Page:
What did the earliest dinosaurs eat? - study

The earliest dinosaurs were carnivorous, omnivorous and herbivorous, according to new research.

 Life reconstruction of Brontosaurus excelsus, a type of diplodocid sauropod dinosaur (Illustrative). (photo credit: Wikimedia Commons)
Life reconstruction of Brontosaurus excelsus, a type of diplodocid sauropod dinosaur (Illustrative).
(photo credit: Wikimedia Commons)

The first dinosaurs indulged in a diverse menu. According to a team of University of Bristol paleobiologists, who analyzed the tooth shapes of the earliest dinosaurs, the earliest dinosaurs included carnivorous, omnivorous and herbivorous species.

The findings, published Friday in the peer-reviewed journal Science Advances, indicate that many groups of plant-eating dinosaurs were ancestrally omnivorous and that the ancestors of the famous long-necked herbivores, such as Diplodocus, ate meat. This ability to bring variety to their diets early in their evolution offers an explanation for their evolutionary and ecological success such as enduring the Triassic–Jurassic mass extinction and adapting in its wake. 

 The skull of the dinosaur Tyrannosaurus rex (T-rex). These predators had incredible eyesight but a strange keyhole-shaped eye socket (Illustrative). (credit: PIXABAY) The skull of the dinosaur Tyrannosaurus rex (T-rex). These predators had incredible eyesight but a strange keyhole-shaped eye socket (Illustrative). (credit: PIXABAY)

Researchers used machine learning models to classify the earliest dinosaurs, which dominated the land until their extinction 66 million years ago, in different diet categories based on their tooth shape and mechanics. For example, Thecodontosaurus, the Bristol dinosaur, had teeth well adapted for a diet of plants.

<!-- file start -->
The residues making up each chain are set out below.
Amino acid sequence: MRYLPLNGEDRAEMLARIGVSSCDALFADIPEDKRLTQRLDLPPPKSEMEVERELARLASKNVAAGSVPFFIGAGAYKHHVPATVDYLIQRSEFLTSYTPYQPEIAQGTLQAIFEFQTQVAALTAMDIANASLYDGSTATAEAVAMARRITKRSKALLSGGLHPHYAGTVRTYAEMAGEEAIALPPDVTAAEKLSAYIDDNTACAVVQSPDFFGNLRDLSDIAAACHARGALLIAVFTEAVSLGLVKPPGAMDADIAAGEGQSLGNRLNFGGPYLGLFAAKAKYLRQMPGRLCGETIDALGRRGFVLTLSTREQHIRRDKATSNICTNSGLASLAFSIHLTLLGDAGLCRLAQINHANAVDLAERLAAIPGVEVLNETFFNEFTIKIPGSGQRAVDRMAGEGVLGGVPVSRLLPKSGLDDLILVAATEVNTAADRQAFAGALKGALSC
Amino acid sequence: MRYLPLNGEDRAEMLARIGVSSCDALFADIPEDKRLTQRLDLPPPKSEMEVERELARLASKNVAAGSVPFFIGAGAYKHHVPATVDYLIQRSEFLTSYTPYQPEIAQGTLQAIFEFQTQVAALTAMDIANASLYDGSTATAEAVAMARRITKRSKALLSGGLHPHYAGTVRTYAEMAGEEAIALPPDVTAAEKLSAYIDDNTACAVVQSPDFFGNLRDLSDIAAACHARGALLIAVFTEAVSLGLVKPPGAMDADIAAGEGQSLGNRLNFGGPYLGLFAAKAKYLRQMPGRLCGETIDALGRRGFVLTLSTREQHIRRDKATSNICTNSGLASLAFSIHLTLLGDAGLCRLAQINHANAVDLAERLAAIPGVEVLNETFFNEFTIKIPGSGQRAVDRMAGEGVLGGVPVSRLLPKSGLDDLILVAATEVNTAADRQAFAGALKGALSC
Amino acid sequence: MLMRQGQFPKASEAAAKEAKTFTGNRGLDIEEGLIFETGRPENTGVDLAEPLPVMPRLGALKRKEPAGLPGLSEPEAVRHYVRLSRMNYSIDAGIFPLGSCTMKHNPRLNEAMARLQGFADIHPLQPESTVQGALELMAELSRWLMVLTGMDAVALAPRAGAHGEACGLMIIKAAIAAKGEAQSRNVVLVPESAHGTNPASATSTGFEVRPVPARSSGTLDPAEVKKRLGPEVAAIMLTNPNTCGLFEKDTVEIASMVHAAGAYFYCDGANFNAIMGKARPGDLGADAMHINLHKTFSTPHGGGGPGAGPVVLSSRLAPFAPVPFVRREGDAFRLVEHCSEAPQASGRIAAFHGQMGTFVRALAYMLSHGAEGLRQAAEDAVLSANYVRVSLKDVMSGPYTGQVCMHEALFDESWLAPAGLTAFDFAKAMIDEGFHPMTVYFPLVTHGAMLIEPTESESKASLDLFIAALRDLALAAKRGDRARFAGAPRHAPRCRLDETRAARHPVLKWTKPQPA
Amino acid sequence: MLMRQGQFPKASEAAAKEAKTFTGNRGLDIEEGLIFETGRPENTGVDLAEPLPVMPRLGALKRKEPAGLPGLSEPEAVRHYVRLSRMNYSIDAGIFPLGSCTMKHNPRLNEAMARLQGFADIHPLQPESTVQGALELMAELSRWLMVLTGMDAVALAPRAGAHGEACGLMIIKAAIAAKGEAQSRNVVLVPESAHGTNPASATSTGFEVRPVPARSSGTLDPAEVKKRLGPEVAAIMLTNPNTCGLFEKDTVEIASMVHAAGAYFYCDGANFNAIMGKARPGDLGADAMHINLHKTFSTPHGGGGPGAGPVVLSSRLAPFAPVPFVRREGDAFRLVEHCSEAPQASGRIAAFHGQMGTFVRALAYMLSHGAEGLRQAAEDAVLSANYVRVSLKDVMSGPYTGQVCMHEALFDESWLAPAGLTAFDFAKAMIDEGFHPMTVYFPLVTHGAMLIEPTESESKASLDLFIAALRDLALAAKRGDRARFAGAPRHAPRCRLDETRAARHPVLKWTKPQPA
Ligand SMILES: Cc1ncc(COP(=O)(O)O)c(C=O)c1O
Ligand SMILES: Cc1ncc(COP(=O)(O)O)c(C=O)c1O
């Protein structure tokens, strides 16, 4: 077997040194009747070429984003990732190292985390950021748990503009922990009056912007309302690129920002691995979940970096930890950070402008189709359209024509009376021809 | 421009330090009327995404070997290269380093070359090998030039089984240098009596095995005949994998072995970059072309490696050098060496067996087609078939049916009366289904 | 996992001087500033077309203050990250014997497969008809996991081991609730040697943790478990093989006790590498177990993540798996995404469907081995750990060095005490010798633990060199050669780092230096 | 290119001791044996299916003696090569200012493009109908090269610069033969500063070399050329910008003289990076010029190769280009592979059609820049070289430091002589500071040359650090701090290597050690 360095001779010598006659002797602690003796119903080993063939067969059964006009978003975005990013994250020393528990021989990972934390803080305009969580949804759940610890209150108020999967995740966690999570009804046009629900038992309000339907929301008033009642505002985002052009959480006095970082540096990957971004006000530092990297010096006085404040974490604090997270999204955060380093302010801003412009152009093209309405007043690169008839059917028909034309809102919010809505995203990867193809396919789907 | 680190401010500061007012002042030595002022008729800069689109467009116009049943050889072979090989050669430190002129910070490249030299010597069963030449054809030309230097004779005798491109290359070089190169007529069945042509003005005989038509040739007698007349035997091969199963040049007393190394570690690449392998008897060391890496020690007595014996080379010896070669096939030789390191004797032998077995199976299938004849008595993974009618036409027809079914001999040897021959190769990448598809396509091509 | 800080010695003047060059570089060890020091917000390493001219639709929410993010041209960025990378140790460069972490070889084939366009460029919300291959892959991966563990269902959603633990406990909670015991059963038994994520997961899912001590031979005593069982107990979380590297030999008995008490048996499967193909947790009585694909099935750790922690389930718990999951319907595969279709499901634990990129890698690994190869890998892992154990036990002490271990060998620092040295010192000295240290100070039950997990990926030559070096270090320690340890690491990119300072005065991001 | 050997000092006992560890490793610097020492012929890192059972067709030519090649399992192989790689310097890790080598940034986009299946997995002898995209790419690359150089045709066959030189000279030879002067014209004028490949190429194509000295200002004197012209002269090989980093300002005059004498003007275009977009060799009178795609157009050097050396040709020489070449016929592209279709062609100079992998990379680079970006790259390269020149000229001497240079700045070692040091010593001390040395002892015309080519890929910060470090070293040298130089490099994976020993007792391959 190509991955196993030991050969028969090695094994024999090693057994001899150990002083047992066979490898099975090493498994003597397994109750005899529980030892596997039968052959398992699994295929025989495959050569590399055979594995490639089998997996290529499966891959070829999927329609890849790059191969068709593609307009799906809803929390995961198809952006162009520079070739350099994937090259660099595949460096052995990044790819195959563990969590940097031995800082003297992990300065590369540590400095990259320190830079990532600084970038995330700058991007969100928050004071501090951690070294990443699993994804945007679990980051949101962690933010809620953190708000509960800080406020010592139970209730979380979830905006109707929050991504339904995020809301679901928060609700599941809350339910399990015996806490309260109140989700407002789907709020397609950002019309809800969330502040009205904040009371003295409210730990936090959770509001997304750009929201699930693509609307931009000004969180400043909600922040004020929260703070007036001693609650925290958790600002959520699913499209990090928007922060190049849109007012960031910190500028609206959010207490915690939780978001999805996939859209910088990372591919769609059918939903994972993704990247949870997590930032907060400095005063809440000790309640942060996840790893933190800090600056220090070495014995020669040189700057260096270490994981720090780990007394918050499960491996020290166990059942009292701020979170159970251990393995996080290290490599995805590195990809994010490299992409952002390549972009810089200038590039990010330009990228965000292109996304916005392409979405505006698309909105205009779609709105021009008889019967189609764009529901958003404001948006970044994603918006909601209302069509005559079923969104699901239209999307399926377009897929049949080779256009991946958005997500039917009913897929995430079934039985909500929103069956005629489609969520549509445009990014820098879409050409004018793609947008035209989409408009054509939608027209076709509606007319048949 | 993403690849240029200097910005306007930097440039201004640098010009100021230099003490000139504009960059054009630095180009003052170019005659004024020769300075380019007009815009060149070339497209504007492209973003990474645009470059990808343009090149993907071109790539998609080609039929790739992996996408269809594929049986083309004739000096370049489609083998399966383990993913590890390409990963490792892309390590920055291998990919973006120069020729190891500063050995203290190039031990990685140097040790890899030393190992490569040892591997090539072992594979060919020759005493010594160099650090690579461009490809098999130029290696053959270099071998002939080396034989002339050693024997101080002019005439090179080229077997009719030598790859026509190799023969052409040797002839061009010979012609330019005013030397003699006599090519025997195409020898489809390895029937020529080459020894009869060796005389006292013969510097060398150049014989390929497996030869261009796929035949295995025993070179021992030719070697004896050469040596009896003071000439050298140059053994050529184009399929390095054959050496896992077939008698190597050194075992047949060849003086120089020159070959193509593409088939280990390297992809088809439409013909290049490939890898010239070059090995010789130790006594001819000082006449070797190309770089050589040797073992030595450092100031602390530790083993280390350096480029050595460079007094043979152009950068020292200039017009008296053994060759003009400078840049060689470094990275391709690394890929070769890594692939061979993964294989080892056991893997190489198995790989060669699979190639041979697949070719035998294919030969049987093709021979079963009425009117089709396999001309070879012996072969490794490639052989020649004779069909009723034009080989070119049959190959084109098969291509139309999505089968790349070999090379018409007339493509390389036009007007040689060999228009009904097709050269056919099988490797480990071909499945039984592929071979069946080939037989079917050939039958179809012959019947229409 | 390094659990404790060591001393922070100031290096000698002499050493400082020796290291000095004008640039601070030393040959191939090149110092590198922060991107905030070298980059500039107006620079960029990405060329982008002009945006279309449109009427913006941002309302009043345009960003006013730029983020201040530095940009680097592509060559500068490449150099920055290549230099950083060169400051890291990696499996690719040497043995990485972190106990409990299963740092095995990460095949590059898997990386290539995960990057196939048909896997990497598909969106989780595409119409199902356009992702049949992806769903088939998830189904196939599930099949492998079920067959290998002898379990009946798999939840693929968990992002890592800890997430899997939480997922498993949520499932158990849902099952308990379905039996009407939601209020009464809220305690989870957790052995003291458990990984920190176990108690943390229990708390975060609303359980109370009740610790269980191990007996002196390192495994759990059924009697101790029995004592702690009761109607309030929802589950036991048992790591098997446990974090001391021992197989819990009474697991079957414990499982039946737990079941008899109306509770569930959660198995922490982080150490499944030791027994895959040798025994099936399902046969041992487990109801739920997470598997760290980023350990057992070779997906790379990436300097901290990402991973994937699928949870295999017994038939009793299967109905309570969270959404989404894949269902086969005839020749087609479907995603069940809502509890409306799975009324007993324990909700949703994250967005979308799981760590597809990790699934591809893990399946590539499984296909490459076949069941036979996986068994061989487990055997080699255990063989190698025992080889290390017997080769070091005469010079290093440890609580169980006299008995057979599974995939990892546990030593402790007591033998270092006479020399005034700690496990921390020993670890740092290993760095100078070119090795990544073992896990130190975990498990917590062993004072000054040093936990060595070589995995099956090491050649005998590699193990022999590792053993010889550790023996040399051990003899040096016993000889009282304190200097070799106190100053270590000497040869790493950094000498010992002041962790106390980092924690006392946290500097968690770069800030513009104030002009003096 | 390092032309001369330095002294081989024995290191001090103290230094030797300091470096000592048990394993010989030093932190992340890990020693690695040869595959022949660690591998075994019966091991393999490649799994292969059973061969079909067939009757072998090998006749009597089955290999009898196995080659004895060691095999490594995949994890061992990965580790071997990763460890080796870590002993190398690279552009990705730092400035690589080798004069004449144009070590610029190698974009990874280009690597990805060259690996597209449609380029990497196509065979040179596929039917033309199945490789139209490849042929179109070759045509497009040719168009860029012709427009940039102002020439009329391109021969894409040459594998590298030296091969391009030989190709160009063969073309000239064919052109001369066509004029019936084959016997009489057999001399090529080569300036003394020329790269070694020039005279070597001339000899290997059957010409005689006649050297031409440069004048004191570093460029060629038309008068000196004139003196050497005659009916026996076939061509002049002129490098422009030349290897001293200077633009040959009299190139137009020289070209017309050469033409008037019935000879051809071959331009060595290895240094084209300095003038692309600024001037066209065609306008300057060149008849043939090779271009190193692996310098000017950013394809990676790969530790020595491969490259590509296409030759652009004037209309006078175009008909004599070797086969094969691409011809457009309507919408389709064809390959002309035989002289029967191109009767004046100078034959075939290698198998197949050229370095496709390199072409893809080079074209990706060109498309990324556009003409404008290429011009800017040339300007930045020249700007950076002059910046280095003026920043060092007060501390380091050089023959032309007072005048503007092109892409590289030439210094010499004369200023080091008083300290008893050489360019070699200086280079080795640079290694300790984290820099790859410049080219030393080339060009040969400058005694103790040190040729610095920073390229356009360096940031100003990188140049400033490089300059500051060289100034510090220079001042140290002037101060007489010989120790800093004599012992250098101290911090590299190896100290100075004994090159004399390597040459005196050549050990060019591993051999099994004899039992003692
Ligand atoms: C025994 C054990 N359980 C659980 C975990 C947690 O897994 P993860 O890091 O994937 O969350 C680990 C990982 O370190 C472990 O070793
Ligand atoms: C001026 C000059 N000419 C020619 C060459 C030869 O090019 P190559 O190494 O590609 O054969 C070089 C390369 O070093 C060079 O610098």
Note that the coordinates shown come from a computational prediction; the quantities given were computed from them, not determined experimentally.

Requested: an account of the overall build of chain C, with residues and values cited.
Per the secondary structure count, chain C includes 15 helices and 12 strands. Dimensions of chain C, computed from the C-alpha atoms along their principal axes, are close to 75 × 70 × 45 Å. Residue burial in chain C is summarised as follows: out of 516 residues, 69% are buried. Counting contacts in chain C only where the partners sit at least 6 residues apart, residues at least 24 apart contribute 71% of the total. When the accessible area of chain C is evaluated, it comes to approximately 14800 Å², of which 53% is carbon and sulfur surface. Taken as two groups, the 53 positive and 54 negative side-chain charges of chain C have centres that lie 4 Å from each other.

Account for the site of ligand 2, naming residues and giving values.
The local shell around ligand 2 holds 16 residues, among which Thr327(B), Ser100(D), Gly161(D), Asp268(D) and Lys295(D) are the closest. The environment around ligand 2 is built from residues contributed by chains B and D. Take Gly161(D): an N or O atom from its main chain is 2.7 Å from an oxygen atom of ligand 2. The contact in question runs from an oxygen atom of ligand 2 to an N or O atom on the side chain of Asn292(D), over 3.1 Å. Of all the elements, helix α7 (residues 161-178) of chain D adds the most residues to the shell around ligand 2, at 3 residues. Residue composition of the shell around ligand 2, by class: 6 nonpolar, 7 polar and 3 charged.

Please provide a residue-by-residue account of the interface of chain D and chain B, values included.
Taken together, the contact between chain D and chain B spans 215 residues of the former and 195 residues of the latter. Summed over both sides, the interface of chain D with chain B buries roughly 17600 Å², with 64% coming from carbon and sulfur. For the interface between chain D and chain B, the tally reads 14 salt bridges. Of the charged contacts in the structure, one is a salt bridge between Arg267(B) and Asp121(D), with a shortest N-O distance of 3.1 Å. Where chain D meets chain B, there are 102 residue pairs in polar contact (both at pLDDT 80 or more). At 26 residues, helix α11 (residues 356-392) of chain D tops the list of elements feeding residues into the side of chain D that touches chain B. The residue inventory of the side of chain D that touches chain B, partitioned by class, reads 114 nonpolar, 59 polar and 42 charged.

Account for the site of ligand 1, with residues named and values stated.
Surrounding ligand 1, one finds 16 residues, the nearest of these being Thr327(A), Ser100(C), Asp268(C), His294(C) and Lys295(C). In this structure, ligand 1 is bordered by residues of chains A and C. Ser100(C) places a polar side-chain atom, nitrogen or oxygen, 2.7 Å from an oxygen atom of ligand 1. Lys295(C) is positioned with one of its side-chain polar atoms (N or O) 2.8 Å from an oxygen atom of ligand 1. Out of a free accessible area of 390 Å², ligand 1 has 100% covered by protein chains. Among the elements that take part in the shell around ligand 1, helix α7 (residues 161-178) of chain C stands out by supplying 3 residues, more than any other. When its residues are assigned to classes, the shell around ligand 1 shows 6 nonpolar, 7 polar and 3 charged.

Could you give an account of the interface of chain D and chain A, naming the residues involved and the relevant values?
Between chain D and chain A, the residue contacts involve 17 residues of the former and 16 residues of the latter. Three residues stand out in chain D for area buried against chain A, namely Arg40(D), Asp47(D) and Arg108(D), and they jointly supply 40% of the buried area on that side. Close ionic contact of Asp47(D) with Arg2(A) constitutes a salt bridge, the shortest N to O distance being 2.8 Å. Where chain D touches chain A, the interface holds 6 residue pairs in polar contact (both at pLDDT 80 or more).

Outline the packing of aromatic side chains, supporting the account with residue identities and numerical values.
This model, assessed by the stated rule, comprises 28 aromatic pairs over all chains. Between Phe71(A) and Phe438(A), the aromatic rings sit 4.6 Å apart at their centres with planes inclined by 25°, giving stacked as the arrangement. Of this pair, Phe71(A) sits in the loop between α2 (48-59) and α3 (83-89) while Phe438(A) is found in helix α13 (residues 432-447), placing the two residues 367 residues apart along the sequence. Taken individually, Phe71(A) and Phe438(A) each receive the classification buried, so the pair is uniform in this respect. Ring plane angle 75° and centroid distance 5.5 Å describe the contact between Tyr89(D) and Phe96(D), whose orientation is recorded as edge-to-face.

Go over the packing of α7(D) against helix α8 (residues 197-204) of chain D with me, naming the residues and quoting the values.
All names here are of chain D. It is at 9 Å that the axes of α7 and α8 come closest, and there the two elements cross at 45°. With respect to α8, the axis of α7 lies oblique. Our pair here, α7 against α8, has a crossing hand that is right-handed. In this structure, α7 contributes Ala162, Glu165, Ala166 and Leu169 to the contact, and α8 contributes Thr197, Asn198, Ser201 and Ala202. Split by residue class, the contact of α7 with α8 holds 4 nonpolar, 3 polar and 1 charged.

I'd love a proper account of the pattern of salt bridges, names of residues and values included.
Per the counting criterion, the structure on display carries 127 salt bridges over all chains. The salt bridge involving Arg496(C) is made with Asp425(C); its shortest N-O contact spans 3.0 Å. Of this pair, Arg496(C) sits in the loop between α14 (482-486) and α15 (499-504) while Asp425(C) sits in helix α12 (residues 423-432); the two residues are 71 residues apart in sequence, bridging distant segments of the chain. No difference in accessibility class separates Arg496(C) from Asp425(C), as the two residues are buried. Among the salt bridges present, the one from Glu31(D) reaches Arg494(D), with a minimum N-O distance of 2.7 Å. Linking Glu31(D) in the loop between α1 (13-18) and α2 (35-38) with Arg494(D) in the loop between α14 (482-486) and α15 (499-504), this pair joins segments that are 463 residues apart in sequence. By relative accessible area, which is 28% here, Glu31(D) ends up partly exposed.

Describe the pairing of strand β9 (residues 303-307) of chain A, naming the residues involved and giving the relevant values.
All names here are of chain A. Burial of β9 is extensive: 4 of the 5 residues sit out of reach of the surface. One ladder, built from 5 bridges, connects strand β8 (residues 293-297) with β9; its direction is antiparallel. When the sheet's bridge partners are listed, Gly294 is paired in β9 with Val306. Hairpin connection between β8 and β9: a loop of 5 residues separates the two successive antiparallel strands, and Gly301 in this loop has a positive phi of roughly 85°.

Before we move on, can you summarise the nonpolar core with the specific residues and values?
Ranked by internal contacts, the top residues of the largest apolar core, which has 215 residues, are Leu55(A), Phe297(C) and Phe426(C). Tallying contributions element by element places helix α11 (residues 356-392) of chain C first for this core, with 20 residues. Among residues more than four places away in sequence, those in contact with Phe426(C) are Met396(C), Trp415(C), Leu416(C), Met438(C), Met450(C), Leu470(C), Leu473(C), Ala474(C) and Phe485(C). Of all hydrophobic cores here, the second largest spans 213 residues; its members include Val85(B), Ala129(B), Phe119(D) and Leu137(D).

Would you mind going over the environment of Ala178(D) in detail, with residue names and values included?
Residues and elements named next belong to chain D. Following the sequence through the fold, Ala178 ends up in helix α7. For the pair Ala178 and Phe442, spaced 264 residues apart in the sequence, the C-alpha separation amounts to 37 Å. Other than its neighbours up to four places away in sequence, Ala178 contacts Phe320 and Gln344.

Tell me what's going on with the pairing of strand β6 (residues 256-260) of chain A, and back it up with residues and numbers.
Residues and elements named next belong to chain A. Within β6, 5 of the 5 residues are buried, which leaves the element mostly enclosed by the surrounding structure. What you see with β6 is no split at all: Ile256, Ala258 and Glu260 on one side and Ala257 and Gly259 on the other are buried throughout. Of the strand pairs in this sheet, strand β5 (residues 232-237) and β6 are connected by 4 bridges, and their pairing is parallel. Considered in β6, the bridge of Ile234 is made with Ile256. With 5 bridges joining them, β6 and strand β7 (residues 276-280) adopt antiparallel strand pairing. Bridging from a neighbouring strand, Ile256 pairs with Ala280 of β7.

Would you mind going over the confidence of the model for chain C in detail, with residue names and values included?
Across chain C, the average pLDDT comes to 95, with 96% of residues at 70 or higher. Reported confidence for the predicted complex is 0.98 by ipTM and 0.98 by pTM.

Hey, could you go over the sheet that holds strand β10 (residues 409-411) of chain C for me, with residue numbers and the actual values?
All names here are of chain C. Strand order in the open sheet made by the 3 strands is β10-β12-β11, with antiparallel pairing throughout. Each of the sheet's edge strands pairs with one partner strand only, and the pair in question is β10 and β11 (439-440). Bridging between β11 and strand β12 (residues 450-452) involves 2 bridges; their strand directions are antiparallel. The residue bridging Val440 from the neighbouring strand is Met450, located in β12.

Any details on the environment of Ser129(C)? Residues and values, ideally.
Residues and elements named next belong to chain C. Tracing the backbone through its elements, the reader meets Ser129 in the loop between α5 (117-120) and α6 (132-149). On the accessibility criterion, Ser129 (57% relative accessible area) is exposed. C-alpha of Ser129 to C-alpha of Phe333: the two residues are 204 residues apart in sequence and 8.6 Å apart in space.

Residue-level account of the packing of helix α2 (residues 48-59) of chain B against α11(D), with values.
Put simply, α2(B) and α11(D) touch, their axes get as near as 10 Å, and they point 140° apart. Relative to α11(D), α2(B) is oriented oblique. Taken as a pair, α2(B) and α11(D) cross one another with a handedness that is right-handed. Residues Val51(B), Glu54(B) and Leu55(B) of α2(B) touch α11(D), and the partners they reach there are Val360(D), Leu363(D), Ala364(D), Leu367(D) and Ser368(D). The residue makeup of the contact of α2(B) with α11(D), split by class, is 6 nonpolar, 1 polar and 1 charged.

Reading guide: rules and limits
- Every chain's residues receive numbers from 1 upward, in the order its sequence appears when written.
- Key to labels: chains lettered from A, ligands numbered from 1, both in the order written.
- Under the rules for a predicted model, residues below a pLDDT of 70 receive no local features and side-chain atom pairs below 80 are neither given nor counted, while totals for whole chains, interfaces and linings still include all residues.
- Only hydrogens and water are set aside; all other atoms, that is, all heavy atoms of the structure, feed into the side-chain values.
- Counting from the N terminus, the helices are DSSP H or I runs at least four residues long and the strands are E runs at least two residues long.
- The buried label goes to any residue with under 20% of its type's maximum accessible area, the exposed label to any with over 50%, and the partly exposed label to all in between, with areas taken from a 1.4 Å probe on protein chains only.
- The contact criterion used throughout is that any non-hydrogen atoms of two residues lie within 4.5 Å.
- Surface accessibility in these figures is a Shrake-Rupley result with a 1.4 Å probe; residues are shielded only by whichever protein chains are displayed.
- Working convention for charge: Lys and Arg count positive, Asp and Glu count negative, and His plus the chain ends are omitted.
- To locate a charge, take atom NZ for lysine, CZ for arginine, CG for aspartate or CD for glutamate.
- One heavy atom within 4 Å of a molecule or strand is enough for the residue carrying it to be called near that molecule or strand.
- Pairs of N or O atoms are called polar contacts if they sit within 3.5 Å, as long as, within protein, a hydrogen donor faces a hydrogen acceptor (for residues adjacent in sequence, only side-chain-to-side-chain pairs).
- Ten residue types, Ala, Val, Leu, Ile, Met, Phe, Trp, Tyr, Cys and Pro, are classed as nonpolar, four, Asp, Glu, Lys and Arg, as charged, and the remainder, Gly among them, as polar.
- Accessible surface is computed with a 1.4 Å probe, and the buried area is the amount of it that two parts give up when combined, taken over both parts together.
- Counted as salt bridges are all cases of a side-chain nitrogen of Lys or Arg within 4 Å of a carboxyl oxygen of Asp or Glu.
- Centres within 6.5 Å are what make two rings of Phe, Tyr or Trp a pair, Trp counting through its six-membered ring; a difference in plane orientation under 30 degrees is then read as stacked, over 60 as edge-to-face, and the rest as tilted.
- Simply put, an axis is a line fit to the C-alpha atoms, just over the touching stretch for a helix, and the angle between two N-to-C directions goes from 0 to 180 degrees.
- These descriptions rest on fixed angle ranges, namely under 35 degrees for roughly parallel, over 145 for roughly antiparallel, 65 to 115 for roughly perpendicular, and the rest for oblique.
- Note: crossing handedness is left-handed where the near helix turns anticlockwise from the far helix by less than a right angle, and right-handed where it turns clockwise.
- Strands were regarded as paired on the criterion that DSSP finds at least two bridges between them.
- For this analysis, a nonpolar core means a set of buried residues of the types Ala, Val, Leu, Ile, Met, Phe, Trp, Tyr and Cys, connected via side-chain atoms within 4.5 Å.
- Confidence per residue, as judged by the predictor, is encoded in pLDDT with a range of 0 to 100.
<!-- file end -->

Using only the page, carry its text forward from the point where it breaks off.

Similarities between dinosaurs and modern animals 

"Theropod dinosaurs have pointy, curved and blade-like teeth with tiny serrations, which behaved like those of modern monitor lizards. In contrast, the denticulated teeth of ornithischians and sauropodomorphs are more similar to modern omnivores and herbivores, like iguanas."

Mike Benton

Professor Mike Benton, who co-authored the study, explained that the team was able to numerically quantify how similar early dinosaurs were to modern animals, providing solid evidence for our inferences of diets.

"Theropod dinosaurs have pointy, curved and blade-like teeth with tiny serrations, which behaved like those of modern monitor lizards. In contrast, the denticulated teeth of ornithischians and sauropodomorphs are more similar to modern omnivores and herbivores, like iguanas," Benton said.